Small Insurers Under Pressure From ACA Payment Delays

If the administration’s decision to halt risk-adjustment payments isn’t reversed soon, the effects may be more acute on smaller insurers trying to cope with the market instability.

A billboard advertising insurance from Blue Cross Blue Shield of New Mexico stands in front of the company's headquarters in Albuquerque in 2016.
AP Photo/Susan Montoya Bryan
July 12, 2018, 8 p.m.

The Trump administration’s decision to halt another payment to health insurers—which helps them cope with risk on the Obamacare marketplace—has sparked concerns across the health care industry that this will spur even greater market uncertainty.

But insurers without a large financial cushion, such as smaller providers that are owed money under the system, could feel the strain more dramatically. Not receiving expected funds could possibly affect their viability on the marketplace should the freeze last long-term, experts say.

Even for carriers that can withstand not getting the payments immediately, the move increases market instability and could spike rates in 2019.

At the heart of the issue are risk-adjustment payments—a program under Obamacare that transfers funds from insurers with healthier enrollees to carriers with sicker and higher-cost patients. Around $10 billion in payments and collections were halted by the Health and Human Services Department over the weekend after the agency suffered a court loss over the way the department calculates the payments.

While America’s Health Insurance Plans and Blue Cross Blue Shield immediately denounced the administration’s move, experts say that small insurance groups will likely be the ones that cannot afford a large financial hole in the long run.

“Where I think you’re going to see effects potentially fairly quickly, depending on how long this drags on, is not all insurers have big financial cushions, what are called surplus or reserves, to withstand long delays in expected payments,” said Sabrina Corlette, research professor at Georgetown University’s Center on Health Insurance Reforms.

“This is a payment that they have been expecting that’s been logged on their books as revenue if you’re a company that’s supposed to receive under this program,” she added. “If they simply don’t get that money, how many of them have sufficient surplus or reserves to hold out until that money ultimately comes through, if it ever comes through?”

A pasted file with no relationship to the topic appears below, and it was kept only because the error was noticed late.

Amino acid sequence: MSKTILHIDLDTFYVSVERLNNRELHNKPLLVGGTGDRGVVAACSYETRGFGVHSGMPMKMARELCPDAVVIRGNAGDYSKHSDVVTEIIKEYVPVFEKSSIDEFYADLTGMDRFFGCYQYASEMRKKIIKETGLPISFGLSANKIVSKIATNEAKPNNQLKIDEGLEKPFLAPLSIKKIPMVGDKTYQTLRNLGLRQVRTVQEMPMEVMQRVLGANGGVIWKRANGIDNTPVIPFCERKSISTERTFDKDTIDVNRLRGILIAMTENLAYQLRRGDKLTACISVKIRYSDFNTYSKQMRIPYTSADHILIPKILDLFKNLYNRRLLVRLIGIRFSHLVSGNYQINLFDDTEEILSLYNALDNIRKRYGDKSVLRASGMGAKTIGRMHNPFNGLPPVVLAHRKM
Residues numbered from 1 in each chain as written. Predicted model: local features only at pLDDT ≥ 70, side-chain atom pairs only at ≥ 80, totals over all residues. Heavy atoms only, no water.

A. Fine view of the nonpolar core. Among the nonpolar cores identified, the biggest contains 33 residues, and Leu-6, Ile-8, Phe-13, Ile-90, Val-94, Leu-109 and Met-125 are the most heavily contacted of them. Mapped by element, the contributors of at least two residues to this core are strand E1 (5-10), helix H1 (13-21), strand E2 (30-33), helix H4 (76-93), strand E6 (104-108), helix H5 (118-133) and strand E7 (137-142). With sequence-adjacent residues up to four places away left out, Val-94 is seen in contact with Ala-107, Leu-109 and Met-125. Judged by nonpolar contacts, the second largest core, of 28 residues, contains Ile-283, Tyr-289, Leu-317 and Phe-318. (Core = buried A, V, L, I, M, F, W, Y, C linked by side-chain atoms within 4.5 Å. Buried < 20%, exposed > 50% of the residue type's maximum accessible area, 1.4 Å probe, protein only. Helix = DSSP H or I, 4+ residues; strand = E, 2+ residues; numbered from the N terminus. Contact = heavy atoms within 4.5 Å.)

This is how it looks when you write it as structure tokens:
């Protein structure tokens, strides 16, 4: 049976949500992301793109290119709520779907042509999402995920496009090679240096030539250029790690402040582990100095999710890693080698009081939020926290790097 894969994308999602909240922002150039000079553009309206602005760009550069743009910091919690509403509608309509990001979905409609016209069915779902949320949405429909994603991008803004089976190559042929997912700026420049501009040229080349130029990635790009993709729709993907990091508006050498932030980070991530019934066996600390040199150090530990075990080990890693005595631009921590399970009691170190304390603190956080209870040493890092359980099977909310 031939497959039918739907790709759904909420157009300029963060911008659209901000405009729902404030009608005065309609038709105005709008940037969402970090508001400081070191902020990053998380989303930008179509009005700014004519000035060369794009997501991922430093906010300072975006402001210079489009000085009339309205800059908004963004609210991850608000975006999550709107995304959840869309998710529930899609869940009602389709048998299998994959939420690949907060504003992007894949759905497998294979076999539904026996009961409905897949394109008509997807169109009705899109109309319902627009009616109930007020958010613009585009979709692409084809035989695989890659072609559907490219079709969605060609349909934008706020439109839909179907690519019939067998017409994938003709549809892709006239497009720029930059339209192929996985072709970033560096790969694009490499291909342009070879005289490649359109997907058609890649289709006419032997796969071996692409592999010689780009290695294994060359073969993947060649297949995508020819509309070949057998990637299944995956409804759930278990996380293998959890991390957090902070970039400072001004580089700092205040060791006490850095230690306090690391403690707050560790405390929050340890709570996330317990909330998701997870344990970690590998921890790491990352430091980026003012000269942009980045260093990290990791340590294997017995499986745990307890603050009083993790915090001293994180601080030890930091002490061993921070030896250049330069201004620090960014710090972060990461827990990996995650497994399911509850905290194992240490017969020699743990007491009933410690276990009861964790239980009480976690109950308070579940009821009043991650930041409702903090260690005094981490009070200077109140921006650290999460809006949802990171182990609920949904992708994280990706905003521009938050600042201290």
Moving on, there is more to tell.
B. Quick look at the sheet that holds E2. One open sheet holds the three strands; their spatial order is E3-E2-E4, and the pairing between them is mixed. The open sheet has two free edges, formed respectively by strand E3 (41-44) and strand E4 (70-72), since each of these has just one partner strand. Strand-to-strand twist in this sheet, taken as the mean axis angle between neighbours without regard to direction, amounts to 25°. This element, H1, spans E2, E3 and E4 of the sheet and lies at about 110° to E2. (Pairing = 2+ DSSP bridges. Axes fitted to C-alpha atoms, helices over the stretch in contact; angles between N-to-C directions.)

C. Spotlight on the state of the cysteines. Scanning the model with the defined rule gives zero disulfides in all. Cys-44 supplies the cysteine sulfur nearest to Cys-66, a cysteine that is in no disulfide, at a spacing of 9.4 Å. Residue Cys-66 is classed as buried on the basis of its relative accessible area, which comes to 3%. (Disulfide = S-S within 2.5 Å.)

Among the insurance companies that are owed money are giants like Blue Shield of California, which would receive roughly $696 million under the program, according to Centers for Medicare and Medicaid Services data. But other smaller entities, like one of Obamacare’s last member-controlled co-ops, Maine’s Community Health Options, are owed millions under the program.

“I’m concerned that [the payment freeze is] going to further disrupt the market,” said Republican Sen. Susan Collins of Maine. “You could make a case for redoing or doing away with the risk-adjustment corridors, but to do it in this way retroactively, essentially—it’s going to have an impact on rates and then further destabilizes the market.”

The head of the Maine co-op told National Journal he is viewing the current hold as temporary and the insurance carrier will be able to withstand it—but never getting the payment could be a different story. The co-op is owed around $11 million for the 2017 benefit year.

“That’s connected to ultimate success and our ability to continue to thrive in the market,” said Kevin Lewis, president and CEO of Maine’s Community Health Options. “But, you know, at this point I’m looking at it as a delay, given that every indication is that this is a delay, and we can certainly weather a delay.”

A fellow co-op, New Mexico Health Connections, brought the lawsuit against HHS, challenging how the department was calculating the risk payments, and it released a statement in agreement with the administration’s decision to halt payments. While other groups are concerned about uncertainty, the New Mexico co-op argued that there was already unpredictability in the market and that the current formula penalized small insurers. If the program had not been suspended, the group would have to pay $5.5 million for the 2017 benefit year.

“Contrary to what is being said by large insurance companies and their lobbyists who disproportionately benefited from the risk adjuster, this federal court decision is good for small insurance companies and innovative, low-cost insurance companies, and therefore to anyone who purchases health insurance,” the New Mexico co-op said in a statement about CMS’s risk-adjustment-transfer data released earlier this week.

But Lewis said that halting the payments makes the task of setting premiums and predicting the market more difficult. “It is casting greater concern in terms of the overall market and our ability to forecast appropriately for future time periods, and that’s where it gets concerning,” he told National Journal. “It’s more our ability to appropriately set rates and ensure that there’s rate adequacy, and also ensuring that we’re providing the very best value to our members and being true to the market.”

Risk adjustment was not perfect, said Ceci Connolly, president and CEO of Alliance of Community Health Plans, but CMS was working on improving the program. She said the administration’s move to halt the money transfers adds to the volatility in the marketplace and can put a financial strain on some plans.

“Even for the plans that were not expecting a big payment in the fall or that can manage a small loss, that’s not the most important thing,” Connolly said. “For health plans, the most important thing, and the way you successfully run a business, is with predictability, certainty, stability, and they’ve never had that in this market since it’s been created.”

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